Sunday, October 30, 2011

Indian models out of fashion overseas

For top Indian model Apoorva Vishwanathan, the difference between
success on the catwalks of her own country and an international
modelling career can be measured in inches -- two of them.

"I wish I had endless legs. I could be cat-walking with the Heidi
Klums of the world," said the Bangalore-based Vishwanathan who stands
five feet nine inches (175cm) in her bare feet.

"But you've got to be at least 5'11" for any international fashion
house to come near you," she told AFP during the recent New Delhi
Fashion Week.

Compared to the West, career modelling is still in its infancy in
India, although it has made huge strides on the back of rapid economic
growth and the growing profile of Indian fashion designers.

Only a handful of Indian models have tasted success abroad, with the
likes of Lakshmi Menon and Ujjwala Raut modelling for Gucci and Yves

Menon walked for Jean Paul Gaultier shows in Paris and went on to
become the face of French luxury goods maker Hermes, replacing
Ukrainian Daria Werbowy.

The financial pay-off for those who do break out of the relatively
low-paid domestic scene can be enormous, and Raut is quite frank about
why she is no longer seen working the Indian fashion shows.

"They can't afford me," she told the Times of India in an interview last week.

Whispered allegations of racism have been made by some who tried and
failed overseas, but Vishwanathan believes the main barrier is the
natural body shape of Indian women.

"We are genetically more voluptuous and curvaceous," Vishwanathan
said, adjusting her tight mini-skirt as she sat down during a break in
her daily round of make-up sessions, hair-dos and fittings.

"Agencies abroad want girls who are really thin, almost skinny. It is
tough for us to fit into their requirements.

"I have been around on the Indian fashion scene for 10 years and would
have absolutely loved to make it big internationally. But even if you
have a little body to you, you're out of the race," she said.

Another factor is that Indian models tend to start their careers much
later than their Western counterparts, with parental pressure often
keeping them in college until their early 20s.

"In the international context it means they are already over the
hill," said Anjana Sharma, fashion director at IMG Reliance.

"Gisele Bundchen started modelling at 14, Kate Moss was discovered at
14 and by 16 she was a known face," she said.

Once frowned upon in conservative India as an immodest career choice,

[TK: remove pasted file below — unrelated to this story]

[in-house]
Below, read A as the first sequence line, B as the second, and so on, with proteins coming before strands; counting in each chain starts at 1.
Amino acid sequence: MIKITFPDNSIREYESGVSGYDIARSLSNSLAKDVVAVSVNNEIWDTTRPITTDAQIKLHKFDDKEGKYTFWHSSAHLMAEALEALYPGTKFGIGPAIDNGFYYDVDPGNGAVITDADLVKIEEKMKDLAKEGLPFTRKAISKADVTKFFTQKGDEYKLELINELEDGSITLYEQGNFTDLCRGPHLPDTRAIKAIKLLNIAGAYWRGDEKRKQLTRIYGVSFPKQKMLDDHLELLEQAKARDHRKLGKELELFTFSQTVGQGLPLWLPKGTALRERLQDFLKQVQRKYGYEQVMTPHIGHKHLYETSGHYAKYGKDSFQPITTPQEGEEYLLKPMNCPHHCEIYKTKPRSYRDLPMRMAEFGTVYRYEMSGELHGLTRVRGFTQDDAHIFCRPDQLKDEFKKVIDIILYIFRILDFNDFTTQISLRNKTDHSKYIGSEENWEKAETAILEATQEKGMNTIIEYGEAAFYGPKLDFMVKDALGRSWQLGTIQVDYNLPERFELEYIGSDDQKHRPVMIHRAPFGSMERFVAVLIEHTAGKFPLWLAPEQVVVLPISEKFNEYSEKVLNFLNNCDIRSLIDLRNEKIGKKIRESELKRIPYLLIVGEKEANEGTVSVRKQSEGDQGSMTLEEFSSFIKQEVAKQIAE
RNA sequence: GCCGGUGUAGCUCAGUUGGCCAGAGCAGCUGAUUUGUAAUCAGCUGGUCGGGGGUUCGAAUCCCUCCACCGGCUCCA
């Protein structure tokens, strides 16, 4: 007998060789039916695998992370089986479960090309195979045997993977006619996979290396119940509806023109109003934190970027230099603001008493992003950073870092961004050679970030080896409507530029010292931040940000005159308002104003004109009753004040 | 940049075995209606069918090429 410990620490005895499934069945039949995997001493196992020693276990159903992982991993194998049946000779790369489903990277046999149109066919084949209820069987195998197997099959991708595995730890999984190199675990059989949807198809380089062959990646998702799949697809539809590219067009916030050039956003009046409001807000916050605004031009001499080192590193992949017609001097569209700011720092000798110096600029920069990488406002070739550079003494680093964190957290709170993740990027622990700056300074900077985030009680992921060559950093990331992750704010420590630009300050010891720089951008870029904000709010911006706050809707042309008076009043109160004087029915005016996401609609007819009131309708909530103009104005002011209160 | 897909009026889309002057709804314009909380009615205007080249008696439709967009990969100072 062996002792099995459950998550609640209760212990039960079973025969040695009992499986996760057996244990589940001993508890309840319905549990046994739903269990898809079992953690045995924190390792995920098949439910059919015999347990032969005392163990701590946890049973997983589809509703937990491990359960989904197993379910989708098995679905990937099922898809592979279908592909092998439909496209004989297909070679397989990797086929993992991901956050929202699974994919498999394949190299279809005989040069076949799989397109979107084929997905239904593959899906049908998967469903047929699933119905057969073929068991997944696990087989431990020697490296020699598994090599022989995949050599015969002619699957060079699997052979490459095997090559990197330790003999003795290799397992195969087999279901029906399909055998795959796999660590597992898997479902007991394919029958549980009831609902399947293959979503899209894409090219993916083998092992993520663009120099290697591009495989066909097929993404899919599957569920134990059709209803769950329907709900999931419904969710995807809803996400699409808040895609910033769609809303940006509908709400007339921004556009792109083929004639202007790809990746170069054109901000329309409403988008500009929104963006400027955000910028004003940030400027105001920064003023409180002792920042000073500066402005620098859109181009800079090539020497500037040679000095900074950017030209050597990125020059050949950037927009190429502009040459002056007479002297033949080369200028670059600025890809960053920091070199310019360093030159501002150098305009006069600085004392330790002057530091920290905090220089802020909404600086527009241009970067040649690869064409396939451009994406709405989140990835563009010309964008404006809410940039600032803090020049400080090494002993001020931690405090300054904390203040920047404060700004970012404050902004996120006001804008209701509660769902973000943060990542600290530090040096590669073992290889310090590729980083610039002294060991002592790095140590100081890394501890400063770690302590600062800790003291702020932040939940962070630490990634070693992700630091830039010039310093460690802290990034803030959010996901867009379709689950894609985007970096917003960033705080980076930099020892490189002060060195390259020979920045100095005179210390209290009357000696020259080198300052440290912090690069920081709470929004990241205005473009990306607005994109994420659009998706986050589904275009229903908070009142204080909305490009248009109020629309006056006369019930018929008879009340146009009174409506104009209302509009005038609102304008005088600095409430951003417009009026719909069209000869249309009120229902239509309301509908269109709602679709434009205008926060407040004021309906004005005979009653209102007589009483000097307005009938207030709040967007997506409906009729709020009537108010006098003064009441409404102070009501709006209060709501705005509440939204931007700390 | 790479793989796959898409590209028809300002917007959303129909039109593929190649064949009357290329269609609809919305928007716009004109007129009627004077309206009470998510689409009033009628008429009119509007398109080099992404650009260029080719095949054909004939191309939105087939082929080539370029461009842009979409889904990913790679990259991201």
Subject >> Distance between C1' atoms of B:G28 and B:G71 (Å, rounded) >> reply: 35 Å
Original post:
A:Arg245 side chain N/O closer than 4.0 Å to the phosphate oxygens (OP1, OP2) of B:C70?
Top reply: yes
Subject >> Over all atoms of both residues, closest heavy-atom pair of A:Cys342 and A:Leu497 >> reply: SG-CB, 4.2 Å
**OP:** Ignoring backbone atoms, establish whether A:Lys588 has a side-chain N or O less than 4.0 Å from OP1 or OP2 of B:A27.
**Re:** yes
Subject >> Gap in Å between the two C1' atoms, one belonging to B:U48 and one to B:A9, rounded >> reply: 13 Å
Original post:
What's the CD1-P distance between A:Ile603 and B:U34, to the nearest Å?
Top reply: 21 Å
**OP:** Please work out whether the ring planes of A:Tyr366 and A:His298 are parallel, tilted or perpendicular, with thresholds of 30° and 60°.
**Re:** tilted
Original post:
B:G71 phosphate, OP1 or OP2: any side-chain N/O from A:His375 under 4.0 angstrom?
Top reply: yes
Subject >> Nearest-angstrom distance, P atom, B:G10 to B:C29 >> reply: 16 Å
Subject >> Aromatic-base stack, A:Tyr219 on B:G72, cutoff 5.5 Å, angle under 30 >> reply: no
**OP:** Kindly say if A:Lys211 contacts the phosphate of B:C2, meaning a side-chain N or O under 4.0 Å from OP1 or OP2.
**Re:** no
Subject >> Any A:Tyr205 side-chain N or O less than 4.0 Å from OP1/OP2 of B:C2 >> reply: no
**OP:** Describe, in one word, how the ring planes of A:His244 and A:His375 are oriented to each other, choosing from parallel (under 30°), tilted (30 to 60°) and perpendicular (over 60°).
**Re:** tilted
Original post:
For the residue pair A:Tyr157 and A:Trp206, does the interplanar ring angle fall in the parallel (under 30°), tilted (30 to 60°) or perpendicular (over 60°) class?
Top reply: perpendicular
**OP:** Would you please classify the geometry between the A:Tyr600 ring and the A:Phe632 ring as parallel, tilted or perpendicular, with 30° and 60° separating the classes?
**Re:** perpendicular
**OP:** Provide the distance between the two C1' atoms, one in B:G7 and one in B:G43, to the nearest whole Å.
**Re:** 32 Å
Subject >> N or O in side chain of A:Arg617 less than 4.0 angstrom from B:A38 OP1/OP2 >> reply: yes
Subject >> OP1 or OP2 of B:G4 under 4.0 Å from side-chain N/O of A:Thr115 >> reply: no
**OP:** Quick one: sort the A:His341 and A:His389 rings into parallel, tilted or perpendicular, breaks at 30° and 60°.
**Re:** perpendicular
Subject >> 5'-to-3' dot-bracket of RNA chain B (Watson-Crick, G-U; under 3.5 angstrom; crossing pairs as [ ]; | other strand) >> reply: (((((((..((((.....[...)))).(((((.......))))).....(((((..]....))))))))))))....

modelling grew in popularity -- and acceptability -- in 1994, the year
former Indian models Sushmita Sen and Aishwarya Rai took the Miss
Universe and Miss World titles respectively.

Both went on to successful and lucrative film careers, fuelling the
aspirations of millions along the way.

More recently, the launch of Vogue India in 2007 heralded the start of
a new fashion era and an overhaul of wardrobes of the nouveau riche.

"You name any international magazine and they are now in India," said
popular dress designer Samant Chauhan.

"It has opened the outside world to India. Models in India are now
more aware, assured and ambitious."

Rikee Chatterjee, a 24-year-old up-and-coming model said her family
fully supported her decision to take up modelling even before she
finished her college degree.

"They understood and backed my choice," she said. "A lot of parents
now are happy enough to see their kids in the limelight."

But there are some limits.

Indian models generally hesitate to do lingerie work, or other shows
that involve baring a lot of skin, and most lingerie ads in Indian
fashion magazines use foreign models.

"The question is not so much of modesty -- but of negative public
opinion," said Nonita Kalra, editor-in-chief of the Indian version of
Elle fashion magazine.

There are also complaints of a bias against darker-skinned models in
India where a light complexion is widely considered synonymous with
beauty and skin-lightening creams rack up annual sales of 500 million

Top Indian model Dipannita Sharma ruffled feathers earlier this year
when she accused not just the fashion industry but the country as a
whole of being "obsessed" witn fairness.

"We will take another hundred years to completely get over it," she said

Source :

No comments:

Post a Comment